George Gilmore went full Joe Merlino on Samantha DeAlmeida, a 29-year-old State Assembly candidate.
DeAlmeida appeared before the Ocean County GOP screening committee on Saturday seeking support in her bid to succeed Assemblyman David Wolfe (R-Brick), who is retiring after 28 years in the legislature.
Instead, Gilmore told her she should run for councilwoman in Brick.
That didn’t sit well with DeAlmeida, a former Assembly Republican staffer who now advocates for cancer survivors. She didn’t view the process as fair and viewed Gilmore as dismissive.
“The decision was made previous to this,” DeAlmeida told the New Jersey Globe. “It’s an old boys club. I’m an outsider and people really liked that I’m not caught up in the machine.”
One of DeAlmeida’s arguments is that the Republican Party is quickly losing strength in New Jersey because Democrats are doing a better job at attracting women and millennials.
“We can critique and discredit the Democratic base all we want, but we have to acknowledge their success in activating both the youth and female populations in New Jersey and across the country,” DeAlmeida said in her remarks to the screening committee on Saturday. “By supporting me as your candidate we will have the opportunity to energize a younger generation of voters, especially young women, who may have a hard time relating to the GOP they see today. In order to ensure survival and longevity, the GOP needs to become more dynamic and engage a younger voter base.”
Erica Jedynak, the New Jersey state director for Americans for Prosperity and an advocate for women in the New Jersey Republican Party, was critical of a system that denies young women candidates an opportunity to run.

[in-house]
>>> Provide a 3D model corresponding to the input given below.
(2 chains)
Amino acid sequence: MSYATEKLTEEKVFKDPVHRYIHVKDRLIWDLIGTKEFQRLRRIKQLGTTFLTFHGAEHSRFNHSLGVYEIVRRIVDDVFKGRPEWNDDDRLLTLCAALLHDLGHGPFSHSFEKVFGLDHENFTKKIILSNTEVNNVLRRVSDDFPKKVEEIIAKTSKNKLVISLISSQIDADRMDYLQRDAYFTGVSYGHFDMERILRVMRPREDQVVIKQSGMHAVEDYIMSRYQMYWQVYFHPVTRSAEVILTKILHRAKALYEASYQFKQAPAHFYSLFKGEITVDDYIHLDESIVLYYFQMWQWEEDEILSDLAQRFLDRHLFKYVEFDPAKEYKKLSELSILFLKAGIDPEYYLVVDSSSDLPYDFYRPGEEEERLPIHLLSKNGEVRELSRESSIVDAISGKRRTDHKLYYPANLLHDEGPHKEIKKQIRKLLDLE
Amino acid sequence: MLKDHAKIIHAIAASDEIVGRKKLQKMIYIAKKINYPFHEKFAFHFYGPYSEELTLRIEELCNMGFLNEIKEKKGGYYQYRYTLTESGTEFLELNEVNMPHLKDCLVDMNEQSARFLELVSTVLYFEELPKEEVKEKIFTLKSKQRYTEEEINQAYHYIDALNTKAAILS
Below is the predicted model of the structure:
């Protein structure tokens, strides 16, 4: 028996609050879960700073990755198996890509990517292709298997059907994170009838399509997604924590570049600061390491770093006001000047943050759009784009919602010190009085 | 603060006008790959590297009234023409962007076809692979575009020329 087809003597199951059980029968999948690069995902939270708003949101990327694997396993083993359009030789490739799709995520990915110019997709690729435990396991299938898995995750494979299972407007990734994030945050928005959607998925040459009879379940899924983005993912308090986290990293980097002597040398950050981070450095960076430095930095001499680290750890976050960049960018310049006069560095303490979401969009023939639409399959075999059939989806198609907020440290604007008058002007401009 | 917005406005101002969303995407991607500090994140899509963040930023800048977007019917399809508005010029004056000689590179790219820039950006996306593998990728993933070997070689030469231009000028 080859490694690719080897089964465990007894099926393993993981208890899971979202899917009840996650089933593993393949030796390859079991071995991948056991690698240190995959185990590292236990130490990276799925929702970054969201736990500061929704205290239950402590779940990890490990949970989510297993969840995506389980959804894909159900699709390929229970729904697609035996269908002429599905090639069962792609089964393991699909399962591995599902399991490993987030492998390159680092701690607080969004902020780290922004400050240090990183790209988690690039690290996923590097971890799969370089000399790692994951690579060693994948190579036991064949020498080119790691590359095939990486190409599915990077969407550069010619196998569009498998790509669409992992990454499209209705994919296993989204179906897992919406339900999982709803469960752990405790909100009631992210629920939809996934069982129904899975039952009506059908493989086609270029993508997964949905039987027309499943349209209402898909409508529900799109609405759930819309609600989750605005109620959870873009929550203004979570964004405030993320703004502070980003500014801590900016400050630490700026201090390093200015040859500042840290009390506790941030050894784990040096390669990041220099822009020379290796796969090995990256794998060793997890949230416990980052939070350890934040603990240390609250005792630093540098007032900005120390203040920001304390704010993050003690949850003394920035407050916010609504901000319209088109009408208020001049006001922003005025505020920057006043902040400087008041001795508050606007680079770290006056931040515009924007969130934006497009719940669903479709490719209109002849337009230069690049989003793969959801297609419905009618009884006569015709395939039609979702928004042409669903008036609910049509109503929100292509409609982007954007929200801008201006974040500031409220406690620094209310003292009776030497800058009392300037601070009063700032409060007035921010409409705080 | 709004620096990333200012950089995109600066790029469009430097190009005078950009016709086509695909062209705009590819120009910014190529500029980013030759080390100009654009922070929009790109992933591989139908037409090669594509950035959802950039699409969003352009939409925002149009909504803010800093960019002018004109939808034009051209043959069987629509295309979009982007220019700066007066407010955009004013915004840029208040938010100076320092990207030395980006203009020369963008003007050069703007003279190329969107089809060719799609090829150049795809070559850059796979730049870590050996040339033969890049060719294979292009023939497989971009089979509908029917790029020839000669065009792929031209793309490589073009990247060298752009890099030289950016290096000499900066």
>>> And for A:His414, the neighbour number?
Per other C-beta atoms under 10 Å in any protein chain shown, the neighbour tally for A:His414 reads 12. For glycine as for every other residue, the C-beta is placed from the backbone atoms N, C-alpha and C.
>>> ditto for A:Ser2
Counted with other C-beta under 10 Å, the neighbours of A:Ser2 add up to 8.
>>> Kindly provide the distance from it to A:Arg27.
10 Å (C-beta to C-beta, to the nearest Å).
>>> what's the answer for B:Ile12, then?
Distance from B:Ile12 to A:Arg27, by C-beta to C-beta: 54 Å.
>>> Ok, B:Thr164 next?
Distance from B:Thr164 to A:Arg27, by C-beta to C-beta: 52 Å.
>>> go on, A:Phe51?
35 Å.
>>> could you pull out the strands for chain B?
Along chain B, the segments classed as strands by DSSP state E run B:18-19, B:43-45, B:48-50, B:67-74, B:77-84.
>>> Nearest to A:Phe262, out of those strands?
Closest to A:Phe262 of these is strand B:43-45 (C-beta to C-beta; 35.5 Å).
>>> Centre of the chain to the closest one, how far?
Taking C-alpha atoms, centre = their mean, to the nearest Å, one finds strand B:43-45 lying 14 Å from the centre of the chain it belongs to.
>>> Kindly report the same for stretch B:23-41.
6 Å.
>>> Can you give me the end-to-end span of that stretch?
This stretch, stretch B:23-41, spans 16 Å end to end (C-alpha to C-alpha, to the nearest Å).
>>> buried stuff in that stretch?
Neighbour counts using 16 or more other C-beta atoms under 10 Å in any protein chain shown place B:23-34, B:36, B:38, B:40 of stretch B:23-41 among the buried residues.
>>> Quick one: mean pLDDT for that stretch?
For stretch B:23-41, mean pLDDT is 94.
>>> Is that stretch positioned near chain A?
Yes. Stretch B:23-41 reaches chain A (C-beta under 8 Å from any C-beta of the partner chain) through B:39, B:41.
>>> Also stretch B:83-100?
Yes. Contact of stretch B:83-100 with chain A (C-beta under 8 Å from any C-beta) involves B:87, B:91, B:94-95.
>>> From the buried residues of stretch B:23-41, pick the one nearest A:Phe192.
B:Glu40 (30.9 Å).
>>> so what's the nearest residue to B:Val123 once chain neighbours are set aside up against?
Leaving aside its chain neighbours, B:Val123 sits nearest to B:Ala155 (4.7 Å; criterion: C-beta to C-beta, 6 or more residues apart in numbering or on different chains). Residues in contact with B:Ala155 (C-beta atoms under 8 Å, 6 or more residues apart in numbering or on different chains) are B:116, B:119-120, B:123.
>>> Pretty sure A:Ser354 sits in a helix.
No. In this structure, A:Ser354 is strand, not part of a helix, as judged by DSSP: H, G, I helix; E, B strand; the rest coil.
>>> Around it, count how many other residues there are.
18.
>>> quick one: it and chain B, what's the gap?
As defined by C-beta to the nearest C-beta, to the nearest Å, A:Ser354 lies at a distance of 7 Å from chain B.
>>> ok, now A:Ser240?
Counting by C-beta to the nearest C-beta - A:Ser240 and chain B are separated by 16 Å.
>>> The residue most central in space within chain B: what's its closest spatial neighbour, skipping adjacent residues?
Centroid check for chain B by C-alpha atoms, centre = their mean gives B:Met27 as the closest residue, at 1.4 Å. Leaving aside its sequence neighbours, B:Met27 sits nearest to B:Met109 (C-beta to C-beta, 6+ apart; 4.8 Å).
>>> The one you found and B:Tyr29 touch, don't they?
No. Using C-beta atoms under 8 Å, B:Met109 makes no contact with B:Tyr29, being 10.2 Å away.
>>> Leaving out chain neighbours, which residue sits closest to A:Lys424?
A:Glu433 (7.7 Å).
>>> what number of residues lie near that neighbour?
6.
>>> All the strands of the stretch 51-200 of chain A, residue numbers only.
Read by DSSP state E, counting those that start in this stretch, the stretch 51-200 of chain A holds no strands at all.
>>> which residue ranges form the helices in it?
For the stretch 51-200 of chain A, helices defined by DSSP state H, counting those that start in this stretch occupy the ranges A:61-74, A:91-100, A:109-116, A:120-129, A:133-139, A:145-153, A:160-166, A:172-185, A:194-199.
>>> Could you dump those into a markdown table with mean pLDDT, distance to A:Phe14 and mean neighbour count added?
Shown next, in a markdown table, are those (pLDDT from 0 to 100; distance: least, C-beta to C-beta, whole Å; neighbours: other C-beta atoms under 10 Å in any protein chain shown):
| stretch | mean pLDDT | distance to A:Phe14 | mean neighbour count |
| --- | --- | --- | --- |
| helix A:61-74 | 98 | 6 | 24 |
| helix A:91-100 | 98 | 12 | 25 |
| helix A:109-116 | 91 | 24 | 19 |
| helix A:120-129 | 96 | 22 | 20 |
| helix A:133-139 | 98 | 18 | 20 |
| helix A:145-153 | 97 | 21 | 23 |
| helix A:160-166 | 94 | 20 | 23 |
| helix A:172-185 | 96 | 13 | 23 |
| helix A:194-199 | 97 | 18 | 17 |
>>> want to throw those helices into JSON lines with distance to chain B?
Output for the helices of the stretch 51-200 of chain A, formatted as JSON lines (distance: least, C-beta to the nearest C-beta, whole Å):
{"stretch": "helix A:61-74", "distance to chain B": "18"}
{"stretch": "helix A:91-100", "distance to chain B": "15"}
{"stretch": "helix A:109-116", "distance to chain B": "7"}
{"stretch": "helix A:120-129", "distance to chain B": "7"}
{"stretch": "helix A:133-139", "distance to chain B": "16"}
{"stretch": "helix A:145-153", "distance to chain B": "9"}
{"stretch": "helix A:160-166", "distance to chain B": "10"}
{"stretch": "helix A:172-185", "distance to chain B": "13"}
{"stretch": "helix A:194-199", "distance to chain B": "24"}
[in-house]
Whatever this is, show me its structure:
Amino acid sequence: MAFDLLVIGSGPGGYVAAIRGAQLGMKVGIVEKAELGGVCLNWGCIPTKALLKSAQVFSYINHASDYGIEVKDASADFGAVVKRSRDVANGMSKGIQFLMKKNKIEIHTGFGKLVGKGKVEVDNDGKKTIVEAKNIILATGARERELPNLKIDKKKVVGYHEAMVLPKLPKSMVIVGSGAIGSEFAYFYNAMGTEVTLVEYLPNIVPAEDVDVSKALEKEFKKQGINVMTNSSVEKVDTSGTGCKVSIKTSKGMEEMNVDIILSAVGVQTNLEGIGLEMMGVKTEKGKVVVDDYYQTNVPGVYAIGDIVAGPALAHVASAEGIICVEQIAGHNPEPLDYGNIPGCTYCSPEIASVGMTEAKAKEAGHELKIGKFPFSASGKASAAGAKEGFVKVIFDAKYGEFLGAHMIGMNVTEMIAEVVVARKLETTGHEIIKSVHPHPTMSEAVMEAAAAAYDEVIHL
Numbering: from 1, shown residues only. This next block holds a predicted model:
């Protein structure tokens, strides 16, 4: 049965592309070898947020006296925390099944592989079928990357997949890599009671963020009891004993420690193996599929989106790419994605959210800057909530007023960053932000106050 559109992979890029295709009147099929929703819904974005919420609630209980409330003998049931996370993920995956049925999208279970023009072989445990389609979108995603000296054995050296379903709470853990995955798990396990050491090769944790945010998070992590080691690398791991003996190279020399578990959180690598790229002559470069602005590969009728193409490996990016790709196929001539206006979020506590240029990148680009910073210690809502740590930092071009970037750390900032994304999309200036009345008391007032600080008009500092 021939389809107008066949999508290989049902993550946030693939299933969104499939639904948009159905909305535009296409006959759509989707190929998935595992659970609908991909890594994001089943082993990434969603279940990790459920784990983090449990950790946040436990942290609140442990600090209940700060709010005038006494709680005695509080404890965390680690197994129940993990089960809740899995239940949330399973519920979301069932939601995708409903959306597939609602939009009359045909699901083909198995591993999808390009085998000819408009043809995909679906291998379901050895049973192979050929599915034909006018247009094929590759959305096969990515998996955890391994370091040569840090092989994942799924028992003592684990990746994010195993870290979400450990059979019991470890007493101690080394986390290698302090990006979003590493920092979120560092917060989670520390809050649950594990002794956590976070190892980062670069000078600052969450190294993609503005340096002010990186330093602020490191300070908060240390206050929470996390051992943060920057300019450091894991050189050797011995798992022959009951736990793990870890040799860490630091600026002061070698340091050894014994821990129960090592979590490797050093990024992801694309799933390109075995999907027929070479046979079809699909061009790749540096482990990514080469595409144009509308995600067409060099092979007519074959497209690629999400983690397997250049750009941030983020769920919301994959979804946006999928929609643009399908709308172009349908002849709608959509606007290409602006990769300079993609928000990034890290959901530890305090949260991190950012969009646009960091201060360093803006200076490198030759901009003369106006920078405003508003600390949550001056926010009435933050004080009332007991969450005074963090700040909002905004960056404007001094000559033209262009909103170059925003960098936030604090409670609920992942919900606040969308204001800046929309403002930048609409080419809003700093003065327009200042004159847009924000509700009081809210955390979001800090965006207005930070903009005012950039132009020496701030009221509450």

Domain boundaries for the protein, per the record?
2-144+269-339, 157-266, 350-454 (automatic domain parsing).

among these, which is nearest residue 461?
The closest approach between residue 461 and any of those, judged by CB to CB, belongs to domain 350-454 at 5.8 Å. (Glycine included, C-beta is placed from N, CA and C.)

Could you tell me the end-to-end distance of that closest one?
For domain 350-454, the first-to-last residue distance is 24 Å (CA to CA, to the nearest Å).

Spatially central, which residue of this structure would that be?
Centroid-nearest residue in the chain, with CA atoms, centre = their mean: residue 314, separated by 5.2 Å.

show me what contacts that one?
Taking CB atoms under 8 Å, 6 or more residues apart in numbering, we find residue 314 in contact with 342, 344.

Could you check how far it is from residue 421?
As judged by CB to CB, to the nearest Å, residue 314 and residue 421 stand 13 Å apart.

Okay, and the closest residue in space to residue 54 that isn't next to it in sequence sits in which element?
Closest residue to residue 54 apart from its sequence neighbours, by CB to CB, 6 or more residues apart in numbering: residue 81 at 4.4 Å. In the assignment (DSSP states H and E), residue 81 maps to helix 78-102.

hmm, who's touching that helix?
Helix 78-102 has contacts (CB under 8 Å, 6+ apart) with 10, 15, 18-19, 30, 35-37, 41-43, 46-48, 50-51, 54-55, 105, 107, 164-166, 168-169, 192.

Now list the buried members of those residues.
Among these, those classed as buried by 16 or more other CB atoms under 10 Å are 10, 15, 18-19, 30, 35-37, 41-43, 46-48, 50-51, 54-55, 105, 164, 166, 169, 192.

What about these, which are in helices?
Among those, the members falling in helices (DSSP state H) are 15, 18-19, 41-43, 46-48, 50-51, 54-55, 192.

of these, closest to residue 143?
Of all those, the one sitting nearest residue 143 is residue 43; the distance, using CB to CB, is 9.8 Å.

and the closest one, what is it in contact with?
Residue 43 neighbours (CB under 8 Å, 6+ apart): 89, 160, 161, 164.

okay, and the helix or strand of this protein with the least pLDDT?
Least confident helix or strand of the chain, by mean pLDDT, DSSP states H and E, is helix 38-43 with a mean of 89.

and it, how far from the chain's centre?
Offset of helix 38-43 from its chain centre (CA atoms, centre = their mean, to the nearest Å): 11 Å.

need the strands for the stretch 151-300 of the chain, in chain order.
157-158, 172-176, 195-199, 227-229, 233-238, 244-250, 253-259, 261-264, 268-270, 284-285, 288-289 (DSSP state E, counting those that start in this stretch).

“Waiting one’s turn in a false premise to protect incumbency. Insanity is doing the same thing over and over again and expecting to keep/flip seats,” Jedynak said in a tweet on Sunday. “When the talent pool is restricted to those who came from political machines and towns that have raised taxes, we will get more of same from the State Legislature. If the Republican Party wants to re-engage and build a more inclusive party, candidates like Sam should be embraced.”
DeAlmeida hasn’t decided her next move.
Her options are to run against the recommended candidate, Brick Republican Club president John Catalano, at the county convention or in the June primary.
She may also decide to try again another time.
But running for council is something she has clearly ruled out.
She said her experience “lends itself to Trenton.”
“Life after this will be just fine for me. I will never be the ‘nice girl’ who sits quietly in the corner and waits my turn, when I feel there shouldn’t be a line. I won’t apologize for my fire,” DeAlmeida said in a Facebook post. “I will continue to be a strong advocate for those that need it the most.”
What’s a full Merlino?
In 1982, when Rep. Christopher Smith (R-Hamilton) was 29, he was a freshman congressman seeking re-election to a second term against Joseph Merlino (D-Trenton), an cigar-chomping 60-year-old former Senate President.
After a debate, Smith approached Merlino to tell him that some of the things he said in the debate simply were not true. Merlino was with a reporter.
“Beat it, kid,” Merlino told him. “I’m talking to the press. When I get to Washington, look me up. I may give you a job as a page.”
Smith is now in his 39th year in the House, where he represents part of the 10th legislative district in Ocean County.